pictures from a cruise – part ten – Panama Canal
We continue our picture essay series with sailing through the Panama Canal. We provide all 30 pictures to give some idea what it is like to be on board a ship that is passing through the canal. (Some pictures are better than others.) We also share a few images of the locks of the canal.
Interested readers may also enjoy one of our earlier essays from July, 2012.
Here is a link to some facts about the canal. You can navigate around this site to learn more.
Nearly 100 years since it was completed, this waterway links the Pacific Ocean with the Caribbean Sea (and thus the Atlantic Ocean).
Here is information provided by the cruise ship.
Visitors viewing part of the canal.
Sailing to or from the canal area depending which direction your ship is sailing.
Cargo ships from various countries use the canal each day.
Asian shipping lines use the canal.
One more ship.
Scenery on the way to the canal. Tropical scenery.
A roadway near the canal.
More scenery along the shore.
We are now getting closer to where the shipping action is.
Buildings adjacent to the canal.
More nearby buildings and waterways.
More ancillary areas in the vicinity.
More related equipment. Almost to the locks and the canal proper.
At the bottom of this next picture, one can see the concrete wall of the canal.
One of the locks of the canal. Getting the sequence of these next 4 images correct was a bit puzzling for a moment. The cruise ship must have been holding steady for a few minutes as the water level of the lock was lowered. During that time, the nearby ship moved up in its lane. (First 2 pics have some camera difficulties with proper color.)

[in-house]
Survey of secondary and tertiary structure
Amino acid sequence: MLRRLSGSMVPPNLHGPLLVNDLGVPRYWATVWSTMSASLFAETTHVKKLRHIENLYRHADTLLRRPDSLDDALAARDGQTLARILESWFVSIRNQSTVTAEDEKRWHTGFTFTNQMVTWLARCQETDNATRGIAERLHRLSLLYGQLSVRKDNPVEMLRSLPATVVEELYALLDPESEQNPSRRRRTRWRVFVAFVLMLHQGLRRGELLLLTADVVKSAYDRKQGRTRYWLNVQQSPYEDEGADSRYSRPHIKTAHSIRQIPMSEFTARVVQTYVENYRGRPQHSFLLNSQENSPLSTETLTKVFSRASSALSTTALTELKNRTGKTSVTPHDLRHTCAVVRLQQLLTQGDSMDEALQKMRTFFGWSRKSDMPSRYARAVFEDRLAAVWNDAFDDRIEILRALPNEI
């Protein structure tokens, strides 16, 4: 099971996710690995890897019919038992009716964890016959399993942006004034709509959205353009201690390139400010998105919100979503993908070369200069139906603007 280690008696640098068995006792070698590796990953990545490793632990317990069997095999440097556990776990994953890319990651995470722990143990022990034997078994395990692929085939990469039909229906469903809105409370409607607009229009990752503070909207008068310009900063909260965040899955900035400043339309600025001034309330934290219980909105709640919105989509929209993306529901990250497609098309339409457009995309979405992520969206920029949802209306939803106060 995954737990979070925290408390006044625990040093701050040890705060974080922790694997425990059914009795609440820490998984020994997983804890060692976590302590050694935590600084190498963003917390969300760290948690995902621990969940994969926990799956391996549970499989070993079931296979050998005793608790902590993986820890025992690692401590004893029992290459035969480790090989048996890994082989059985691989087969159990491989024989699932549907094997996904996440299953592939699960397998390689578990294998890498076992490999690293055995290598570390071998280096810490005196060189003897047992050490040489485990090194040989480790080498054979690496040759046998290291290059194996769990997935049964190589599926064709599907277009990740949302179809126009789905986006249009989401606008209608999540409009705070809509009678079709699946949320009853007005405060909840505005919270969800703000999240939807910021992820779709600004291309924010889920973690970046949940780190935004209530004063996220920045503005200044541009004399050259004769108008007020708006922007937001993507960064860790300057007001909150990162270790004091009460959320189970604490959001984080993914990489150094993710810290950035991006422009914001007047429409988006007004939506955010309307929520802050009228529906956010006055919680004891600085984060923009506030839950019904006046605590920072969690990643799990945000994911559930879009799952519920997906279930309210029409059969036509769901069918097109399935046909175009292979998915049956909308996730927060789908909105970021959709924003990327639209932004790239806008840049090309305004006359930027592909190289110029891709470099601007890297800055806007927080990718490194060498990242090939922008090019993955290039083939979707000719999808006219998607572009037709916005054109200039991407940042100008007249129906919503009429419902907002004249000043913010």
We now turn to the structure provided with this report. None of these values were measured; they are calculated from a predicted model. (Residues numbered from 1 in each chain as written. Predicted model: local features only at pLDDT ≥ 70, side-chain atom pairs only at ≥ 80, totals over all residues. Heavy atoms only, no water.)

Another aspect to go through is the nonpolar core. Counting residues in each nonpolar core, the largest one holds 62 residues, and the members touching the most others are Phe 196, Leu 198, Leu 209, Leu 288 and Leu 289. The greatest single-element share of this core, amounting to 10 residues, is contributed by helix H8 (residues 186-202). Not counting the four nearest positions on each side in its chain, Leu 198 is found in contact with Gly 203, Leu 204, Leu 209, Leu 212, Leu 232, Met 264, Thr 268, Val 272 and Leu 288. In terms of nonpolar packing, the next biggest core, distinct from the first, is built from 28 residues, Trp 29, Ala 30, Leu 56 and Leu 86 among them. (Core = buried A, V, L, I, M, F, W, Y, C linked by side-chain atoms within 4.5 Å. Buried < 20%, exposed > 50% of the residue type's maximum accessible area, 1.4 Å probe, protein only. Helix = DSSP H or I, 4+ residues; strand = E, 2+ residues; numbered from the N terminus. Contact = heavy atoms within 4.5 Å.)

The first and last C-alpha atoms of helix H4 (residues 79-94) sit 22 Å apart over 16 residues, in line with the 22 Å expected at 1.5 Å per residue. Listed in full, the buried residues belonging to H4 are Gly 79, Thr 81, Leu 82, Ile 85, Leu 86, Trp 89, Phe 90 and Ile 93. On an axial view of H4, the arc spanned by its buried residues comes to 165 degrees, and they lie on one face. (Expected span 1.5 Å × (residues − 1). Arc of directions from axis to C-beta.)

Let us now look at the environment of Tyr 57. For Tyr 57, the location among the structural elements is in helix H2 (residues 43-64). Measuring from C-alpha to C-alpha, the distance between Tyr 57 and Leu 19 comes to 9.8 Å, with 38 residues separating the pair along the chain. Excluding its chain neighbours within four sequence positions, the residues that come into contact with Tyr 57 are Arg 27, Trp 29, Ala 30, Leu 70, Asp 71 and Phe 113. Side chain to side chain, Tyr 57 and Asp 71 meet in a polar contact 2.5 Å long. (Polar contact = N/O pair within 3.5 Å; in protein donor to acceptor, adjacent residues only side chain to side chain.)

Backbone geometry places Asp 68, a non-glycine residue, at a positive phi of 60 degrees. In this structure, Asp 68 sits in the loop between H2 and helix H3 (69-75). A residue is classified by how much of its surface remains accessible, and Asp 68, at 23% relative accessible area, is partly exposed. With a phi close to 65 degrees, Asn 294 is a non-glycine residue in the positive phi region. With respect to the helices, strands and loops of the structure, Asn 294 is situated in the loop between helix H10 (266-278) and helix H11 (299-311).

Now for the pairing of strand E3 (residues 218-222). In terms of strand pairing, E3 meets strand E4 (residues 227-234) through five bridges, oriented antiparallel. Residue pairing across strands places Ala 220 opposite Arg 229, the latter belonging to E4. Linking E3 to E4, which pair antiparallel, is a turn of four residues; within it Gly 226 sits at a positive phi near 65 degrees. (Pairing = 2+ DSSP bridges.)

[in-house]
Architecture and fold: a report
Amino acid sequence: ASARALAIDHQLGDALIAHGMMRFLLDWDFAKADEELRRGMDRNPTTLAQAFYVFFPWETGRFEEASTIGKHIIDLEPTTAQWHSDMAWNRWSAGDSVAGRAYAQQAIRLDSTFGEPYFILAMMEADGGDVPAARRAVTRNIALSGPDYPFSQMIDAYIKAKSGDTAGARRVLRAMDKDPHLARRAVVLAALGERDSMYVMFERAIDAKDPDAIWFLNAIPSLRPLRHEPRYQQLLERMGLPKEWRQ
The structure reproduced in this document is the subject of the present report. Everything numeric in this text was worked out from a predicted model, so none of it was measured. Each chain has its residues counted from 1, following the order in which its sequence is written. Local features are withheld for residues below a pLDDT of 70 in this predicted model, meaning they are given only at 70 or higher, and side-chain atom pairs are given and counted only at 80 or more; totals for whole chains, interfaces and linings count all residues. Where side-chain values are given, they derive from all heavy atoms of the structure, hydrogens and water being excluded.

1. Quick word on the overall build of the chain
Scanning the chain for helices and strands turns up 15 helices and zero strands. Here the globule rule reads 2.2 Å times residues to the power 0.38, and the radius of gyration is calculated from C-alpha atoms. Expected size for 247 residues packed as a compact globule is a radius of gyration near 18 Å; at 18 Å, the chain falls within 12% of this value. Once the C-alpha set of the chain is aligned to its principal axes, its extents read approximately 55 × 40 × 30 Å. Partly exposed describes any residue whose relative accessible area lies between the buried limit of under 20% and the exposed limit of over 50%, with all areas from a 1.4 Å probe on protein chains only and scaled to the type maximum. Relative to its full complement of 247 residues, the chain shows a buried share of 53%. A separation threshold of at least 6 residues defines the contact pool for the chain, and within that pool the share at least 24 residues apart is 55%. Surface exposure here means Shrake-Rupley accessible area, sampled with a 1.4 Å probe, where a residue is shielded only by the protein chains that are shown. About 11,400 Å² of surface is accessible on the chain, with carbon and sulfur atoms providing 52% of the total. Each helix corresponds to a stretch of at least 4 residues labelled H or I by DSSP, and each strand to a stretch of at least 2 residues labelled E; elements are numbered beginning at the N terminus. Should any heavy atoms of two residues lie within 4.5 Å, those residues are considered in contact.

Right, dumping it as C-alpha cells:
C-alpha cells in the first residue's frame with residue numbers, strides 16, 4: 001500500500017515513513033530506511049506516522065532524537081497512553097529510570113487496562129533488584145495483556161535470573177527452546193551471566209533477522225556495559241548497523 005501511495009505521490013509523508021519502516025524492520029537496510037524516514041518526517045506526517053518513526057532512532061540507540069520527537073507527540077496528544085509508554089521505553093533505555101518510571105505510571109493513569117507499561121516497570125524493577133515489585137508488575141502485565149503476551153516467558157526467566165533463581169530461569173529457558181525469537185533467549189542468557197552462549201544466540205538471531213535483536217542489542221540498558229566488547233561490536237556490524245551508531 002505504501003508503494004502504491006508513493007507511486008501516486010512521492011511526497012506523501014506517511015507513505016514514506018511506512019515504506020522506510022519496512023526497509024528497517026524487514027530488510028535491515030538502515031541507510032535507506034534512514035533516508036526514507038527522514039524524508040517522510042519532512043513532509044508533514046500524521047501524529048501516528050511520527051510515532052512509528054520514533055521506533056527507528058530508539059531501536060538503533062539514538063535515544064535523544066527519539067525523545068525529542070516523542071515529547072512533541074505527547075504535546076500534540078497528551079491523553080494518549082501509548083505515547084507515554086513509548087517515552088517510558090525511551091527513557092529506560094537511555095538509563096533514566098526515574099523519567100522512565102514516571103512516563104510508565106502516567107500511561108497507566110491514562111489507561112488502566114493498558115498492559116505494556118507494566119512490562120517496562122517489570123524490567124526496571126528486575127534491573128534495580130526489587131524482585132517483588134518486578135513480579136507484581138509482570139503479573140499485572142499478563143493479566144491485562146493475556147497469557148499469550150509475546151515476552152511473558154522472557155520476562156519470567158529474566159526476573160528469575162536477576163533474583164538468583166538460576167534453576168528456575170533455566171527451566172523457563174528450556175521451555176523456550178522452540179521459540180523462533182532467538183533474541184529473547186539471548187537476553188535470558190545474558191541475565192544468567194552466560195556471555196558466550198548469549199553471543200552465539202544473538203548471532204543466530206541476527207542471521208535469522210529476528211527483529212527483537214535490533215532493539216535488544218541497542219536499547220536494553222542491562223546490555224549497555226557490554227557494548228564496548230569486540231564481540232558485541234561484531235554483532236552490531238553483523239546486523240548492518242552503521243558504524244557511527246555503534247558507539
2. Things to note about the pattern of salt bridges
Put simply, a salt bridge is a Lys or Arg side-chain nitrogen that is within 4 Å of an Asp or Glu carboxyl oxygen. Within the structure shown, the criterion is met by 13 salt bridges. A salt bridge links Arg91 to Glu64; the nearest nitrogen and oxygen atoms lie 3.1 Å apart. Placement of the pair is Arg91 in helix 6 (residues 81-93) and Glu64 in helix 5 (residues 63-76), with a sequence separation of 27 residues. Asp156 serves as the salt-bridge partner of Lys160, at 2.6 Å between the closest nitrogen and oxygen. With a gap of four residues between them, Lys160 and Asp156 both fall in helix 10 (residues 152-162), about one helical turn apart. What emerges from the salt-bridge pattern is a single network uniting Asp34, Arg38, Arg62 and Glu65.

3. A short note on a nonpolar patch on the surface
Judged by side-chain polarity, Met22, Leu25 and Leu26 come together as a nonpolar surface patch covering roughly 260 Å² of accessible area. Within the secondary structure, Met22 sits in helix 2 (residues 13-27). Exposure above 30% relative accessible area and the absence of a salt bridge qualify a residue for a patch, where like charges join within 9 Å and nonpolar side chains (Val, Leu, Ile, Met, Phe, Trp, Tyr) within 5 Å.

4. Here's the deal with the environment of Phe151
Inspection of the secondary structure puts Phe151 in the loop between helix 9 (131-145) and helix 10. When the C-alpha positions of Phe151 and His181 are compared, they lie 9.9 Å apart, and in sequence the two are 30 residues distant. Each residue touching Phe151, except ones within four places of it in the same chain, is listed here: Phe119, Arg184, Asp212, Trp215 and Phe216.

Here is the next image of the sequence.
The gates have closed.
In this final view, we again see the nearby ship and that the lock’s gate is further away.
A closer view of one of the gates of the locks.
In this next picture, we can see the different levels of the water. Obviously, the 2 oceans have the same “sea level”. The challenge for the water way is traversing the countryside of Panama which does have changes in elevation of the land that the canal passes through.
The gates of a lock closing in these next 2 pics.
The next view.
A ship in the canal.
In this next view, we see more of the lane of the canal that the cruise ship was in.
Further from the gate of the lock now.
Looks to be the same ship further along under a more cloud darkened sky.
Thanks for reading/viewing. We hope you have enjoyed this simple tour of the Panama Canal. The canal was a major boon to ocean going commerce as it greatly reduces shipping distances for many destinations.
Next essay, we will visit the northern part of South America (America del Sur).